October 16, 2006

Former Staffer Rips Washington Post's Coverage of Reading First Coverage

Robert W. Sweet, Jr, former congressional staff member for the Reading First law, rips the Washington Post a new a-hole for their coverage of the Reading First "scandal."

Here's a letter to the Washington Post's ombudsman pointing out fifteen errors in the WP article. A more detailed analysis of each point is provided here.

This is just as much an indictment of the flimsy OIG report as it is of the WP's shoddy reporting. The OIG report just does not stand up to close scrutiny. For example, the OIG report implied that DoE showed favoritism to the publisher of DI programs, SRA McGraw-Hill, yet the initial complaint filed by Success For All, indicated that both SfA and DI were being unfairly excluded from Reading First funding:

The IG report also referred to what might be called favoritism toward Reading Mastery. Reading Mastery has a strong experimental peer-reviewed research base demonstrating its efficacy, as described below, with wording taken from the complaint from the Success for All Foundation to the IG that triggered the IG investigation:

"“In particular, two programs have suffered under Reading First: Our own non-profit Success for All program and Direct Instruction."… These are by far the most extensively and successfully evaluated of all reading programs"…. A 2003 article in the Review of Educational Research by Borman, Hewes, Overman, & Brown identified 40 experimental-control studies of Direct Instruction, of which 38 were third party (also see Adams & Engelmann, 1996). Many of these studies of both programs were published in the most selective journals in education. Published reviews by Herman (1999), Traub (1999), and others have also concluded that Success for All and Direct Instruction have solid, replicated evidence of effectiveness."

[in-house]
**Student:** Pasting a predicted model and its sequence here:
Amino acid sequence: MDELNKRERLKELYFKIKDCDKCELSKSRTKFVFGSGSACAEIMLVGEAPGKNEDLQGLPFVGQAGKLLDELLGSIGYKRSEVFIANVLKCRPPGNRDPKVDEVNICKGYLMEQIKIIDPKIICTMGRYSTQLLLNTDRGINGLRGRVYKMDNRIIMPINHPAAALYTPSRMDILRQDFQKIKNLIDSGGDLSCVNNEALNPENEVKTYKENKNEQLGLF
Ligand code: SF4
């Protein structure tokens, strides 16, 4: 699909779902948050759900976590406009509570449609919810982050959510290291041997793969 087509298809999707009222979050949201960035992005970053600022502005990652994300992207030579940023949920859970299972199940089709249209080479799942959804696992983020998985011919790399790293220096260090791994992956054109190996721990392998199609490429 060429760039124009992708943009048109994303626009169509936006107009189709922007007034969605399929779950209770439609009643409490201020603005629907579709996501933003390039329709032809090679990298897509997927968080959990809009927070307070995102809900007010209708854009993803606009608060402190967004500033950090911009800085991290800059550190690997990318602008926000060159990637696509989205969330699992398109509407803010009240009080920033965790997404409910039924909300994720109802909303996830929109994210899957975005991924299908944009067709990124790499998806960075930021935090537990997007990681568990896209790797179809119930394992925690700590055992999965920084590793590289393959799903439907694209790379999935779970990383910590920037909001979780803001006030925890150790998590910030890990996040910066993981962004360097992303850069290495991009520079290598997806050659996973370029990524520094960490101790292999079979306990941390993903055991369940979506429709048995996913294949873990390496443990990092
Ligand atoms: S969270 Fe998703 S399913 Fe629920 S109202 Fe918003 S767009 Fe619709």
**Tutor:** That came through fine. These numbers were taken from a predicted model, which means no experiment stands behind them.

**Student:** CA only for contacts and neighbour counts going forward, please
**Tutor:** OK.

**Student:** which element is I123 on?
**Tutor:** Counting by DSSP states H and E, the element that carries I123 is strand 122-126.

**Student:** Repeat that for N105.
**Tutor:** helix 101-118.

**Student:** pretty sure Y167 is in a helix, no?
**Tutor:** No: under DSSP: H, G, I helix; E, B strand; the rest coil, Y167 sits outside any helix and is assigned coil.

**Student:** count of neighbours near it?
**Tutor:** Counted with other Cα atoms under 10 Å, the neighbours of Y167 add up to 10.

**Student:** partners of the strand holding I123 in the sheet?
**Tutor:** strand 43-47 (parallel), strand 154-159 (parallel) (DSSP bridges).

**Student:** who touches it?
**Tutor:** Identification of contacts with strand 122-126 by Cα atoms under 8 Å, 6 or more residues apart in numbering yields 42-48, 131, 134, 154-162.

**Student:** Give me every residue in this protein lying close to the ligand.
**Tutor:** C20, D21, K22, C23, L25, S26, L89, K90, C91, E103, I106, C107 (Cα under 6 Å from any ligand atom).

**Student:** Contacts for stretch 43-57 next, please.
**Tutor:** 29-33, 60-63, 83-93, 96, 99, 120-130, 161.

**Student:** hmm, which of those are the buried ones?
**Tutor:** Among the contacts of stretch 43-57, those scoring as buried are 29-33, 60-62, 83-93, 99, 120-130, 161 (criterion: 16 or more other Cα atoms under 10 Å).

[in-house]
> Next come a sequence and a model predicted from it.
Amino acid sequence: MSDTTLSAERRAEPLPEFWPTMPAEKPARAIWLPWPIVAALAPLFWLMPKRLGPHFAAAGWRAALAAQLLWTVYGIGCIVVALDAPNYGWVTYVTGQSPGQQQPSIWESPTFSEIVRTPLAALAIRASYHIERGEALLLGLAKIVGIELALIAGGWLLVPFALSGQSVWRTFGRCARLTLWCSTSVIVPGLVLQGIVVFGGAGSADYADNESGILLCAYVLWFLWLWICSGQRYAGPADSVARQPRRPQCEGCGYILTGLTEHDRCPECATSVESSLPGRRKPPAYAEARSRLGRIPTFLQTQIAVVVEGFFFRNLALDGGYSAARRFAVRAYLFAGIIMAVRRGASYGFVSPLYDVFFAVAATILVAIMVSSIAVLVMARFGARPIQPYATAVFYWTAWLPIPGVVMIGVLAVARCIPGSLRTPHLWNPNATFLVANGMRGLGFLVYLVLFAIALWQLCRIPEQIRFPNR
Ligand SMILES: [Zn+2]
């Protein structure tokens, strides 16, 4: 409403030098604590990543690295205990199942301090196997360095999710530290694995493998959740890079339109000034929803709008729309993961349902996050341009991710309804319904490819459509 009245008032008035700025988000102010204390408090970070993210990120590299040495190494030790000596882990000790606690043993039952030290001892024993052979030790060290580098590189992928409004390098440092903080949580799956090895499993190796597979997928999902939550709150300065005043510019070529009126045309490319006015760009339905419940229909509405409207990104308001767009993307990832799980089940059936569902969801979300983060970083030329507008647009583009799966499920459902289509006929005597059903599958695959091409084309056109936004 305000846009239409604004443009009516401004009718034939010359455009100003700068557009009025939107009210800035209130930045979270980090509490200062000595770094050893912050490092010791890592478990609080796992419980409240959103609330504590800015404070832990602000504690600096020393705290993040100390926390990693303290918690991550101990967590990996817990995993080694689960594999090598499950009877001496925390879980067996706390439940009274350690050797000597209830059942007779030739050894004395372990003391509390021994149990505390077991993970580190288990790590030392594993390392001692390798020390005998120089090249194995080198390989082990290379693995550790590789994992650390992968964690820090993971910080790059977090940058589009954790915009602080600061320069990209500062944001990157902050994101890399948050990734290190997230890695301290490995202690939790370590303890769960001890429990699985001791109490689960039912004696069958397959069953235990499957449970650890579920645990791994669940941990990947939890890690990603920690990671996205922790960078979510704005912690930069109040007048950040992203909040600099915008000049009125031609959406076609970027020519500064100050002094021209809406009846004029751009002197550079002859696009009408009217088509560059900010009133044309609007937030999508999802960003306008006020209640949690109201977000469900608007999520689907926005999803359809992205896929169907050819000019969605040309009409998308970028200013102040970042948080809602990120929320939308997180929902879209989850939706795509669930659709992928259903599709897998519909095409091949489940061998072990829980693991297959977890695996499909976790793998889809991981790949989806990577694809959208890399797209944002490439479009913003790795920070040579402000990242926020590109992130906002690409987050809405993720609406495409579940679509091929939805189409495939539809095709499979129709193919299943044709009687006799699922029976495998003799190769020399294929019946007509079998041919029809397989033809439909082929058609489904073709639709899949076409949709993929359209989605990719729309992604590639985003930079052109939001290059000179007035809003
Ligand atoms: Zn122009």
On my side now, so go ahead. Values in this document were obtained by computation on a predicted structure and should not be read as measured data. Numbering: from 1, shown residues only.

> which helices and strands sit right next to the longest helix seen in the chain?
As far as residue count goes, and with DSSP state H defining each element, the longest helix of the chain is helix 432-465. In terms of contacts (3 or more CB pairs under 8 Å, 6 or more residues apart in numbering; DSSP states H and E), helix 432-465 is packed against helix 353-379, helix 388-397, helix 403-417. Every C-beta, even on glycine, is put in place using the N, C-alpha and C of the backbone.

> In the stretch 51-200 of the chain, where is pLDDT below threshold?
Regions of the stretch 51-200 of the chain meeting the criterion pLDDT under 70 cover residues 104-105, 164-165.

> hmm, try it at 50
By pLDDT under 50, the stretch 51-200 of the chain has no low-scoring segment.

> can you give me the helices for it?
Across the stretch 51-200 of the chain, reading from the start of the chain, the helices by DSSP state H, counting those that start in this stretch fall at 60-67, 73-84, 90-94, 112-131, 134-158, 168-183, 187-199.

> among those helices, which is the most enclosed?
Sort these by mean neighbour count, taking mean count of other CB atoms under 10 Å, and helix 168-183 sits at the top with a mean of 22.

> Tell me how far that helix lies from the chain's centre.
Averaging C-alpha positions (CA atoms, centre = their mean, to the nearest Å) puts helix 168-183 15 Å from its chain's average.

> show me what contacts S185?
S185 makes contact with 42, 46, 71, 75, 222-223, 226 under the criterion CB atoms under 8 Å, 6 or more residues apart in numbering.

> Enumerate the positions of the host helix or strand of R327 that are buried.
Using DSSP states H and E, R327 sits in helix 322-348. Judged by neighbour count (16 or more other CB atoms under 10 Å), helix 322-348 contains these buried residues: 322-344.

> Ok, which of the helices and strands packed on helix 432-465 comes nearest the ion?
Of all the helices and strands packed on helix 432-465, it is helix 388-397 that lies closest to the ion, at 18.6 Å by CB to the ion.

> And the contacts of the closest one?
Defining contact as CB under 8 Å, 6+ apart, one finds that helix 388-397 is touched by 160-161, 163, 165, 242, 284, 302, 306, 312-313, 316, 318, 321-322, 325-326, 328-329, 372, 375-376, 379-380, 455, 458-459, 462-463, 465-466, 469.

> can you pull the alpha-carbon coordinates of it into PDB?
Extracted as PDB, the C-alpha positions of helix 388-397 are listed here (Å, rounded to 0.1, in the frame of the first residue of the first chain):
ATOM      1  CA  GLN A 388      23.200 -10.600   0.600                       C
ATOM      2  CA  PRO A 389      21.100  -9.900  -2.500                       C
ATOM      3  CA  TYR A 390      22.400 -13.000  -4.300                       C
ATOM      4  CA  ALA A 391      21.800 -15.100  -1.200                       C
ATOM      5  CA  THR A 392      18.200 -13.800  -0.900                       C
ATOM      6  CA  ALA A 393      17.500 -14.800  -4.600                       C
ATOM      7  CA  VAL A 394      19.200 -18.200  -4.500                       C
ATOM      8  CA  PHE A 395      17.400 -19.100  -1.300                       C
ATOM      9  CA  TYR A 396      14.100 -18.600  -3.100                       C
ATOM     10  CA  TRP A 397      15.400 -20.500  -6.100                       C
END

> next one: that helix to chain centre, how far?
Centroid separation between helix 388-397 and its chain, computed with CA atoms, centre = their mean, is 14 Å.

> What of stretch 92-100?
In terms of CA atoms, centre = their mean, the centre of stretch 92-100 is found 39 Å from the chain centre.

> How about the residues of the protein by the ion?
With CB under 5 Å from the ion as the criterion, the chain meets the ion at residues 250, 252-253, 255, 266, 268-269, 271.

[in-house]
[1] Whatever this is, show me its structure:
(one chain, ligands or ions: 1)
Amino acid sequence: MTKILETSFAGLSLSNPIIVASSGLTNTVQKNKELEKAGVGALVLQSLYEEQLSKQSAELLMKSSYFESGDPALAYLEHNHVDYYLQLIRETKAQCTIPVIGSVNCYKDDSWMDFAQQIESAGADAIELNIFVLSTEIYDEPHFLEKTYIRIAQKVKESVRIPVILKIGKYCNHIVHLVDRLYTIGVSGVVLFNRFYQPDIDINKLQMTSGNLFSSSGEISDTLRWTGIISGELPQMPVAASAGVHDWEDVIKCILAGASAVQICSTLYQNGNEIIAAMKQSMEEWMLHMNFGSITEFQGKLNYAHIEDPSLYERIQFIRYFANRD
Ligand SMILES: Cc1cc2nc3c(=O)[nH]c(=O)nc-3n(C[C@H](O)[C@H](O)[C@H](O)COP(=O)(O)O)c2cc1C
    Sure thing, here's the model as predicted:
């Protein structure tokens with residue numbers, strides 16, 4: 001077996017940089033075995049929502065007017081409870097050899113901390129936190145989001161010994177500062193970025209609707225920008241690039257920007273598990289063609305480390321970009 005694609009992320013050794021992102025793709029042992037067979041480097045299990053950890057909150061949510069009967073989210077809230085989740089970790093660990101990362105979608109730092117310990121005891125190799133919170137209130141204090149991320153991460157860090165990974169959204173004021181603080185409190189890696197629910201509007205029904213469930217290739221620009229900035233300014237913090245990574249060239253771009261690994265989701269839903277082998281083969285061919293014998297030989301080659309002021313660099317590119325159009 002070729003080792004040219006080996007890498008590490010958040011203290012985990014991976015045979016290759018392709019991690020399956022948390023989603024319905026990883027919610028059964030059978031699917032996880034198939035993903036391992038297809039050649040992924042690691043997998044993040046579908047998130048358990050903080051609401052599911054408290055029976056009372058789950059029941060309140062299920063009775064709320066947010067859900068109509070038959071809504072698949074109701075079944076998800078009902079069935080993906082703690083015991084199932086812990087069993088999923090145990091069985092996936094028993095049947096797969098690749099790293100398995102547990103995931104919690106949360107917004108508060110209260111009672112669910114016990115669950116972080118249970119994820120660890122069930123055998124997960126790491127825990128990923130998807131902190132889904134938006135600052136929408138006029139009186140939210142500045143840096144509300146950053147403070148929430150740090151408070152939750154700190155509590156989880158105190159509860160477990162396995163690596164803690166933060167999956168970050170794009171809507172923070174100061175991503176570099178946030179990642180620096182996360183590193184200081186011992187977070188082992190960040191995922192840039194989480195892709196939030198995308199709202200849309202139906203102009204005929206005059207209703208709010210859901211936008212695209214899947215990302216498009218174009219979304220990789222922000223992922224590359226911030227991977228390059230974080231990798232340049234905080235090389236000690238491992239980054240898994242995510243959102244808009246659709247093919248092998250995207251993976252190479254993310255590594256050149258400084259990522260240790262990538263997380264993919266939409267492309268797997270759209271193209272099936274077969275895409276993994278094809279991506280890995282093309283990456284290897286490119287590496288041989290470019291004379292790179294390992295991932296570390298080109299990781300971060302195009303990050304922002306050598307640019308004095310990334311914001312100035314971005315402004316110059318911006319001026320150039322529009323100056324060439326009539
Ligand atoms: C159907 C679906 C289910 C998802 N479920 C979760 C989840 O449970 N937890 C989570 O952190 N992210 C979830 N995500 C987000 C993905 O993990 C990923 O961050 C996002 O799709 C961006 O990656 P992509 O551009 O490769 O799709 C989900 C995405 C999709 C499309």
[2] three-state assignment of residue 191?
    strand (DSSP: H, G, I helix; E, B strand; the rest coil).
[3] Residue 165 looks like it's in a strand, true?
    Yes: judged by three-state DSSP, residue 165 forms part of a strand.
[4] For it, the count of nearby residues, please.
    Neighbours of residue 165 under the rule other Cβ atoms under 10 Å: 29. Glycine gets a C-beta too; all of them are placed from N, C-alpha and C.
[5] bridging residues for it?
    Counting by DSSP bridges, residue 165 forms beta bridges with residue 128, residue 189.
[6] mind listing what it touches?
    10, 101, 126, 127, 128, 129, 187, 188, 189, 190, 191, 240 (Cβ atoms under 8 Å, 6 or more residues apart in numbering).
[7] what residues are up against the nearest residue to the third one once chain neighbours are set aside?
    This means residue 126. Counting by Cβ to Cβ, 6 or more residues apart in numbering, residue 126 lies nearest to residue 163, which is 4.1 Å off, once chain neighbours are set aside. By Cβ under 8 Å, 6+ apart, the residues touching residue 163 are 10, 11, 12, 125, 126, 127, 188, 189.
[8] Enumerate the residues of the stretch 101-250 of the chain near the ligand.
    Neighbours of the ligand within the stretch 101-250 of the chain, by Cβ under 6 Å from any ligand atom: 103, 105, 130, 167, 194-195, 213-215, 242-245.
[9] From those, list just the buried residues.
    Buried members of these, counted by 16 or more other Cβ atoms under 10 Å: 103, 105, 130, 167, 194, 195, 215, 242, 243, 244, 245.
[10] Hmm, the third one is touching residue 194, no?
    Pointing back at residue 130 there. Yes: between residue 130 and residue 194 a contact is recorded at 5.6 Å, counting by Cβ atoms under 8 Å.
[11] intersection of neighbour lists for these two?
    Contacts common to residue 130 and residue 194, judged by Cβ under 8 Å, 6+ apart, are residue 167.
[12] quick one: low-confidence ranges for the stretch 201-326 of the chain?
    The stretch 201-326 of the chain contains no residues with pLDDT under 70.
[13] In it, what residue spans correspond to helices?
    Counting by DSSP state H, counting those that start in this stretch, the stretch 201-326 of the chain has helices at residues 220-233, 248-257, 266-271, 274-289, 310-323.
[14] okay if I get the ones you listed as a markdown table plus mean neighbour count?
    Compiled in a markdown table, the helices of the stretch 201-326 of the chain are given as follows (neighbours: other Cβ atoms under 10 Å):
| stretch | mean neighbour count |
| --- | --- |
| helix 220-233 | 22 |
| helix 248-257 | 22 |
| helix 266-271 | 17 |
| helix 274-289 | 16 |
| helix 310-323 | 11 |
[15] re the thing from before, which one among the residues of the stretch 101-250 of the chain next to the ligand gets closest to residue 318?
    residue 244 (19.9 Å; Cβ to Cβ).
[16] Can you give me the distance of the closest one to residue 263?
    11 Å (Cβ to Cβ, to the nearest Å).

And here's the funny part (not funny "ha ha" either). The OIG report also alleges that DoE improperly discriminated against a whole language program from Wright Group, but Wright Group is also owned by SRA McGraw-Hill:
However, the same vendor, SRA/McGraw Hill, publishes Reading Mastery (a program with a high rating on sbrr) and The Wright Group program (the program with a low rating on sbrr). If SRA/McGraw Hill were a favored vendor, The Wright Group program would have been approved.
A textbook example of trying to have your cake and eat it too.

The OIG report is replete with this kind of internal logical inconsistencies. At best, the OIG conducted a superficial investigation and proceeded to cobble together its report with little regard to the underlying Reading First law. It performed a very superficial analysis on a very complex situation and managed to get most of it wrong. Not unsurprisingly, our dopey journalists, like those at the Washington Post, failed to get the story right too.

As they say, read the whole thing.

1 comment:

Teacher said...

I teach in a Reading First school. It's a nightmare. We all want it out. Of course, we're a white school in a wealthy city in the Finger Lakes region, and Reading First is meant for low-income, minority schools with underqualified teachers. Middle class kids read better than impoverished kids because they have better language abilities and skills. Bingo. That's all reading is. I teach reading to Special Ed. kids, and I have a Masters in literacy as well. The trick? There isn't any. Teaching reading is pretty simple, but you have to do it on a kid by kid basis. Some need explicit phonics like SFA, but most don't. I'm right about this, and since most reading professionals back me up, I sleep comfortably at night ignoring Reading First.